- Davis Brewster is basically a hybrid of Barack Obama and John Edwards, a progressive Democrat running on “change.” He has the support of Green Arrow, as well as Dr. Light II (when did she become a citizen?) and Thunder. Thunder is the daughter of Jefferson (Black Lightning) Pierce, himself a former Secretary of Education… but that’s neither here nor there, since neither of these endorsers, nor most of those who follow, is so much as name-checked in the story—making it remarkably unfriendly to readers not steeped in the DCU, not to mention underscoring just how pointlessly arbitrary these cameo scenes are.
- Bob Ridgeway is a Republican in the mold of John McCain (he has “military background” and will “keep us safe”). He’s endorsed by Guy Gardner, long established as a brain-damaged reactionary (not an insult: he really is brain-damaged), as well as several JSAers (Power Girl, Wildcat, and Hawkman). I can buy Hawkman—he’s long been the polar opposite of Green Arrow politically—but Wildcat seems a stretch; although he’s equally old, dating back to the WW II era, he came up from the streets and has always struck me as more of an FDR Democrat.
- Kate McClellan is a female Republican, basically Hillary-Clinton-by-way-of-Condoleeza-Rice for the purposes of this story. She’s backed by Vixen (herself a black female) and Plastic Man.
- Martin Suarez is an establishment Democrat and a stand-in for Bill Richardson (he’s Hispanic, has “gravitas” and “experience in international matters”). He’s the favorite of Beast Boy, Firestorm, and—in the story’s wannabe-dramatic cliffhanger—billionaire Bruce Wayne, who unbeknownst to the general public and (presumably) the candidate is actually Batman.
(All of the reasons given for the endorsements are glib and superficial, in keeping with the rest of the story; I’d love to think this was an ironic comment about Lois’ inability, as an interviewer, to live up to the higher standards she grouses about, but this book isn’t operating on that kind of level.)
What about the DCU’s current incumbent president Jonathan Horne? There is no explanation offered for why he is not running; indeed, he isn’t even mentioned. Nor is there any clue what these candidates’ individual political backgrounds are, nor (as noted) where they stand on any specific issues, nor even how they’re performing in the primaries so far. As political stories go, therefore, every single element that could inject some actual drama is missing.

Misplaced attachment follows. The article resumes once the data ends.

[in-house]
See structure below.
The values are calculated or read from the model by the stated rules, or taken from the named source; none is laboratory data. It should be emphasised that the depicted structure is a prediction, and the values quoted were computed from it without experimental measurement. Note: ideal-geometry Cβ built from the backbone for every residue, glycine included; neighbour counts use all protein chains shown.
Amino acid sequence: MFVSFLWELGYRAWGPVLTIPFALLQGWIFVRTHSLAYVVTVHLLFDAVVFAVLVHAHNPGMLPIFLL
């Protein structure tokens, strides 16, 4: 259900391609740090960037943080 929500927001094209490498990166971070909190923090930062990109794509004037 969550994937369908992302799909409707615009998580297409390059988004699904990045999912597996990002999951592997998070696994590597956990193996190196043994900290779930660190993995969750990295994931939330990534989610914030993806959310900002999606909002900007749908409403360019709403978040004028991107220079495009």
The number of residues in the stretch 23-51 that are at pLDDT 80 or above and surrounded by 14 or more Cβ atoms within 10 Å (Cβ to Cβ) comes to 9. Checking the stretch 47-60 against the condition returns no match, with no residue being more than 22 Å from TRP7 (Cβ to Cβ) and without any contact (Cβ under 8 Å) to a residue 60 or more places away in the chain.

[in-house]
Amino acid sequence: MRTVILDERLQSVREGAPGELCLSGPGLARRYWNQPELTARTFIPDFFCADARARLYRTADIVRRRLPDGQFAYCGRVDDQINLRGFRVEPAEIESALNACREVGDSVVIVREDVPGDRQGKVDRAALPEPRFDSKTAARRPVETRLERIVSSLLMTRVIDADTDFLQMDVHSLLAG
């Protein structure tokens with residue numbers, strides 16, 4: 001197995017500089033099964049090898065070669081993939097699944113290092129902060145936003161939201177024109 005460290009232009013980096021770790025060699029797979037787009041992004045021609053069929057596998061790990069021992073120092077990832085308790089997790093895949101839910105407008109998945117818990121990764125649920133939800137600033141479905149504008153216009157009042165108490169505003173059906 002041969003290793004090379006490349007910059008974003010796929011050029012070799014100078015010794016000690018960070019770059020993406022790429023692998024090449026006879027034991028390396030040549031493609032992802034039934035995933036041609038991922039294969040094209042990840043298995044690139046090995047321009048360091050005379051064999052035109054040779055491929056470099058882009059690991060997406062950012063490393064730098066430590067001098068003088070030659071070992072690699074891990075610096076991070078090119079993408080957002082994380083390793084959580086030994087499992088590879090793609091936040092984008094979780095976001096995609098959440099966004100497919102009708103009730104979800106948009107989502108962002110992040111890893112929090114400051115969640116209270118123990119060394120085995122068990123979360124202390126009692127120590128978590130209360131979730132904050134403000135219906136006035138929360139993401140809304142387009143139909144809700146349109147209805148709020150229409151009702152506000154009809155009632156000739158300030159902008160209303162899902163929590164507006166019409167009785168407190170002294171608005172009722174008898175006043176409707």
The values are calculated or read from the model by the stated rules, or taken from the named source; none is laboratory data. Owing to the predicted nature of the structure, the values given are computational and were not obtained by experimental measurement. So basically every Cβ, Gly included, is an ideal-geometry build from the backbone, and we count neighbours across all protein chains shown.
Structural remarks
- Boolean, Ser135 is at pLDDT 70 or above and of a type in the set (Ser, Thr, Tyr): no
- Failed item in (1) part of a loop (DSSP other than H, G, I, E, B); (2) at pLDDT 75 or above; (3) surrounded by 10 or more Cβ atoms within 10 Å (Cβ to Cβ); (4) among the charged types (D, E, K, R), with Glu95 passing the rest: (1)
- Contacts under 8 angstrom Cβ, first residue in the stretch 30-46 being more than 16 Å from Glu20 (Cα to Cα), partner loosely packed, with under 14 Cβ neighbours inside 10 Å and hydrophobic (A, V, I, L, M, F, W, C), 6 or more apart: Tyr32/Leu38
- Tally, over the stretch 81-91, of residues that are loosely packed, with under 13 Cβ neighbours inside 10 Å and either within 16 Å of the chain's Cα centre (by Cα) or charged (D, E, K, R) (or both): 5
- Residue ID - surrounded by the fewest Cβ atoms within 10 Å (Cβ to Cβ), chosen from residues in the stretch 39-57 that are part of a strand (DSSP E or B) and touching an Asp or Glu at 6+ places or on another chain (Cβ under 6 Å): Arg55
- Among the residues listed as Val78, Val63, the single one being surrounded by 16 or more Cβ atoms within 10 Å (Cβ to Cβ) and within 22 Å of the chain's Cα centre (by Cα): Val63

It’s not as if this book was necessarily misguided at a conceptual level. It’s perfectly possible for comic-book stories to combine adventure and political intrigue. There are plenty of examples in print, with all sorts of artistic approaches, from Watchmen to American Flagg to Ex Machina and beyond. Even within the mainstream DCU, we know that the U.S. is no less embroiled in middle eastern wars than in our reality (several have been seen in recent years), and moreover that quite a few heroes have crossed paths with the White House, especially during the Luthor administration, the Ross administration, and the current one. Evoking, or referencing, any or all of this material could lend some real context and conflict to this project. Instead, Winick and Willingham are thus far doing their best to generate a completely generic story, free of any and all real human interest. They seem more concerned with being inoffensive than with being interesting, much less thought-provoking.
What’s more, even though the comic is biweekly (apparently so as to wrap up its four-issue run during election season), given that the story is set during the primaries and thus far has covered only a few days, it seems unlikely that the conclusion will even reveal who the DCU’s next president is going to be. The only thing we know for sure is that it will once again be someone fictitious. And that’s a shame, since the circumstances sweeping Barack Obama into office in the real world offer far more compelling drama than DC’s writers seem able to imagine.Tags: Batman, DC Comics, DCU Decisions, Election 2008, Green Arrow, Green Lantern, super-heroes